Grek Pak and Aaron Kuder’s first big story is collected this week, which pits Superman against a force from the Phantom Zone. Much like Superman’s best battles he must use his willpower alone over brute force to fight a monster that defies logic itself. There’s no punching through this one…is it good?
Superman: Action Comics Vol. 7: Under the Skin (DC Comics)
This book collects Action Comics #36 to 40 and Futures End #1. For those of you keeping track at home this collects a four issue story arc with Superman fighting the Ultrahumanite as it has taken over Smallville, a single issue done-in-one with Superman facing Bizarro and a story about a mysterious being giving normal humans extraordinary powers.
Why does this book matter?
The best Superman stories pit Supes against a villain that forces him to explore his inner demons and do something other than blast or punch his way to a conclusion. This story does that in droves all while delivering a horror story. A Superman horror story that pushes Superman to the brink of his sanity? Giddyup!
The Ultrahumanite is something straight out of a great horror movie.
Fine, you have my attention. What’s good about it?
Writer Greg Pak solidly sets up the villain in a variety of ways, from the slow reveal of who they are and what they can do to the very location of the battle. Superman rushes to Smallville after detecting an anomaly and quickly learns he can’t get a quick win like always. A cloud has covered his precious hometown and instead of flying through it he’s teleported to the other side. From there Superman must use the help of his friend Hiro and, once inside, Lana and Steel. As Pak adds layers to the story there’s plenty of misdirection, surprises and truly weird stuff going on.
I don’t want to ruin any surprises, but I don’t think I’ve ever felt so disgusted by a villain in a comic book before. As the plot reveals one horror after another Kuder does a fantastic job unpeeling the monster, which at first appears to be some kind of necromancer, but turns out to be something far more disturbing. No matter how big and complex the monster gets Kuder does a great job delivering a scary atmosphere, be it the zombies, the death cloud imprisoning our characters or the final beast itself.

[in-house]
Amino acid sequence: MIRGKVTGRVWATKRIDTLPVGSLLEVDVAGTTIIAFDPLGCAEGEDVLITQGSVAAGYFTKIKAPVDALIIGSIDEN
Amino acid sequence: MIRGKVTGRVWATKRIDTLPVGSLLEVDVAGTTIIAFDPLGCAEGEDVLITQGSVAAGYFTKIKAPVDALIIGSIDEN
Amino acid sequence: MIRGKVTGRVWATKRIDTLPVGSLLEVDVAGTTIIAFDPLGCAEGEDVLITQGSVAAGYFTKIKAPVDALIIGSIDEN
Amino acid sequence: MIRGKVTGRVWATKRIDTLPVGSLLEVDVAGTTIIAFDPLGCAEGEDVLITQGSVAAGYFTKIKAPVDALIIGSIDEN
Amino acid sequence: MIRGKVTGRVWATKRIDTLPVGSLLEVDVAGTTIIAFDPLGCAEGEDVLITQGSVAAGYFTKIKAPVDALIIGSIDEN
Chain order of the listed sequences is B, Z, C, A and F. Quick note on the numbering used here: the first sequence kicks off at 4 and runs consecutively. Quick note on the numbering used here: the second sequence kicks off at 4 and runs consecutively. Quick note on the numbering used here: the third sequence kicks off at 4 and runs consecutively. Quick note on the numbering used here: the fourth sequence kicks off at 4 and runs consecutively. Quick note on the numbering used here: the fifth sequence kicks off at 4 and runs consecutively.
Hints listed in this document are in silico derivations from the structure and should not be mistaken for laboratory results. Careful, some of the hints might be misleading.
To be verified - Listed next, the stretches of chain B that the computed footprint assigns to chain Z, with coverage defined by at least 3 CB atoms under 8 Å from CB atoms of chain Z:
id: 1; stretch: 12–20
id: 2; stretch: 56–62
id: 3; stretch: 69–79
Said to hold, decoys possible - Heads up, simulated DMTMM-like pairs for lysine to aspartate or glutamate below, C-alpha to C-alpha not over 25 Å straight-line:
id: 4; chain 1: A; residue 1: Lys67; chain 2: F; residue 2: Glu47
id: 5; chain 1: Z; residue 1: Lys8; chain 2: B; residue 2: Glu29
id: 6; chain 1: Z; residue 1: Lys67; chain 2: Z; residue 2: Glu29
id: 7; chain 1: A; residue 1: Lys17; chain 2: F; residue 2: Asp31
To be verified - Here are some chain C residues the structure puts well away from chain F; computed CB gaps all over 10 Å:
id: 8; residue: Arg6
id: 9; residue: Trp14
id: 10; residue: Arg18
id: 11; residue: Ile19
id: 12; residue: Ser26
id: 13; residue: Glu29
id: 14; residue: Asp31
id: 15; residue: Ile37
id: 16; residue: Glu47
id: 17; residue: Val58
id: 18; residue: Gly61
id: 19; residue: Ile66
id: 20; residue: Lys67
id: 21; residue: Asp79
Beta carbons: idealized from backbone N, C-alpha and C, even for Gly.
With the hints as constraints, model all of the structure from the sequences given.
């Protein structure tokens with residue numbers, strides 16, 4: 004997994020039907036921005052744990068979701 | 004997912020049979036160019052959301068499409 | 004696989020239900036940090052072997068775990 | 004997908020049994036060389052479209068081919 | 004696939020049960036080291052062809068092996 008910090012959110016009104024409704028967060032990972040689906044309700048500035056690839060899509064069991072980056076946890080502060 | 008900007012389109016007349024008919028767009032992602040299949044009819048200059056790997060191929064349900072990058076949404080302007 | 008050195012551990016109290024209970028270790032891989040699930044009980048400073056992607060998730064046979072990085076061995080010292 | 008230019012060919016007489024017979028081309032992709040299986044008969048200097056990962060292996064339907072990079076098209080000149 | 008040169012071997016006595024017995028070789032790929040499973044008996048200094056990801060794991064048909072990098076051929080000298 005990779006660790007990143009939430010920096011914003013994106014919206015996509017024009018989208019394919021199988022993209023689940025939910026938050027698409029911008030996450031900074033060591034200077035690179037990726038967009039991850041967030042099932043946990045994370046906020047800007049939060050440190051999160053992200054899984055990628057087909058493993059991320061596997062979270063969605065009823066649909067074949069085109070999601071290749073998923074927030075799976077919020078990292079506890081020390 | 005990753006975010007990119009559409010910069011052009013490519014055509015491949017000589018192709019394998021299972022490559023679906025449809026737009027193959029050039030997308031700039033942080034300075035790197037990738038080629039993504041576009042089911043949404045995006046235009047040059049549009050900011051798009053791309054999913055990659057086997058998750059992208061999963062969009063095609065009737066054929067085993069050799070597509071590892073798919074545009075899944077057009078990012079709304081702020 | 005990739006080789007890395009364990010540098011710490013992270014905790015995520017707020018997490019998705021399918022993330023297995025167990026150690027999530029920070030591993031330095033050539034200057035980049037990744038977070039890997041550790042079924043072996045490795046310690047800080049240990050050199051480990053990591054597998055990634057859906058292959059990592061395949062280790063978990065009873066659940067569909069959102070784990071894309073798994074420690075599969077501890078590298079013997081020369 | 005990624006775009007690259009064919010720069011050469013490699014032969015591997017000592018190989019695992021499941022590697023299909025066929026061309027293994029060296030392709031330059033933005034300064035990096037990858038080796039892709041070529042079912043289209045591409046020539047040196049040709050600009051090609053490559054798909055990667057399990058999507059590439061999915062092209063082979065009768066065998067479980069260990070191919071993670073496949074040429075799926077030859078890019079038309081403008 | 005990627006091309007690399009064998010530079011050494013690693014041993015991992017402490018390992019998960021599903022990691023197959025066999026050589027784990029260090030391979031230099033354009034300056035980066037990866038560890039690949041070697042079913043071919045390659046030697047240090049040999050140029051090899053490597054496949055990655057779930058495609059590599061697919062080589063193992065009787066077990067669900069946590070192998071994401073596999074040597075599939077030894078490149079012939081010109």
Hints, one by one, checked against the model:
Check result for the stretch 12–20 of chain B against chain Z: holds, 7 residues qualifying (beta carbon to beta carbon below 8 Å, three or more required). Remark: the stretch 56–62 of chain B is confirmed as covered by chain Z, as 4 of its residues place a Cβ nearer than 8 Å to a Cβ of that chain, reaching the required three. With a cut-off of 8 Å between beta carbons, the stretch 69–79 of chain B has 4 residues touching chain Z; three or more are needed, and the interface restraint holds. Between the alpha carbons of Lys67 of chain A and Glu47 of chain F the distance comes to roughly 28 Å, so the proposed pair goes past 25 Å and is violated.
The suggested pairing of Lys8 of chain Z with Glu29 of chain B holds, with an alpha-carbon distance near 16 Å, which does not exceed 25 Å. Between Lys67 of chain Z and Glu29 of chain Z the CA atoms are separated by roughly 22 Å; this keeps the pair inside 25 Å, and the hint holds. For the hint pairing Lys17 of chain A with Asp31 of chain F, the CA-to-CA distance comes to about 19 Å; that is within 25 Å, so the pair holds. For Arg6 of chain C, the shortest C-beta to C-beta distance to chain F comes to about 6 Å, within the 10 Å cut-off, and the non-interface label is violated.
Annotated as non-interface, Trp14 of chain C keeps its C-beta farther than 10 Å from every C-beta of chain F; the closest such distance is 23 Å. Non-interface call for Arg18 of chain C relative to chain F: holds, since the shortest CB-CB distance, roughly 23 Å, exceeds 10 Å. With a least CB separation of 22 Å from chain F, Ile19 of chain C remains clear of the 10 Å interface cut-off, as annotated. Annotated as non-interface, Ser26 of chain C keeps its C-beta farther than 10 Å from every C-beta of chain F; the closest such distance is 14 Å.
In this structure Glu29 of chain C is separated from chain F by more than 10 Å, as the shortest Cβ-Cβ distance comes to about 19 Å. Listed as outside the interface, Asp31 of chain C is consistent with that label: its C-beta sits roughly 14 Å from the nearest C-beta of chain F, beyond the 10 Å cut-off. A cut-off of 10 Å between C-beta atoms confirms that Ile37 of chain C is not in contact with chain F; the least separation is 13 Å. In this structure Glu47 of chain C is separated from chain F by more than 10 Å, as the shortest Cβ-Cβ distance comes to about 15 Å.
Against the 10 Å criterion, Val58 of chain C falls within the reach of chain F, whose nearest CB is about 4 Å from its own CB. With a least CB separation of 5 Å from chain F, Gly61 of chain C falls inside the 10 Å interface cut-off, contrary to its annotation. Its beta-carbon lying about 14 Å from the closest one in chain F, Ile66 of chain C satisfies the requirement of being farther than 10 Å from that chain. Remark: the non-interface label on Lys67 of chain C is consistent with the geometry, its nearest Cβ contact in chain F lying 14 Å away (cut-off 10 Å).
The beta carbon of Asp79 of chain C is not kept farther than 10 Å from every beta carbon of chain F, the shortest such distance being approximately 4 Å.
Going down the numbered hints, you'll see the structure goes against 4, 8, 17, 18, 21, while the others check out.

The flashbacks also help solidify this as a story worth reading as it is connected to Clark’s past. There are multiple flashbacks in this volume, some drawn by other artists to distinguish them as flashbacks and they go a long way in giving weight to the battle at hand. This isn’t just another tentacle monster for Superman to fight; it’s something that’s been looming over Superman since he was a boy and something he has yet to understand.
In a lot of ways this story arc has to do with loss and grief. The Ultrahumanite feeds off these feelings and thus is inescapable. In fact Pak and Kuder do a good job with the theme of never escaping, from Lana losing her parents and never getting over that loss, to the Ultrahumanite attaching itself literally to the characters without their knowing it. The characters get uncomfortable and unnerved quite a bit which makes for great storytelling.
Kuder does a great job with the art.
The two single issue stories are also fantastic. The Bizarro story reminds me of the All Star Superman series as it plays around with tropes that makes Superman so great. It also does not hold back with an introduction of the Bizarro Justice League, a battle with Doomsday and finally a battle with Doomzarro. In some ways this single issue does what most story arcs would drag on for three or more issues. That makes this a great bang for your buck. Heck, Kuder’s art in this issue alone makes this volume very worth picking up.
The final single issue explores a Superman story set five years into the future as Supes has given up being a hero and wants to do some good on a smaller scale, growing plants in Ethiopia. Meanwhile humans are being given powers by a strange entity, like flight and invulnerability, all to prove a point. These powers are bestowed on them as a lesson, from a girl who does not value her own life and wants to commit suicide to a boy being bullied at school, and each comes with a strong message. This all sets up Superman being given something to prove. It’s a strong story that shows Superman can’t ever quit.
It can’t be perfect can it?
The Ultrahumanite story is fantastic, but it does end rather abruptly in a vague sort of way. The message is somewhat clear as to how the day is won, but it doesn’t feel earned since Superman uses his will alone to defeat something, in a page no less, that seemed to have him beat. The meaning is lost because of this abruptness and it’s not even clear what is going on as things get wrapped up. In a lot of ways this story reads as if Pak had another issue or two planned to finish the story but was told to wrap it up in four short pages.
Love the Bizarro story!
Is It Good?
This book will make you love Superman again. From the horror themed story requiring Superman to use his willpower over brute force, to the Bizzaro one-shot that explores the complexity of his weirder stories, you can’t miss with this volume.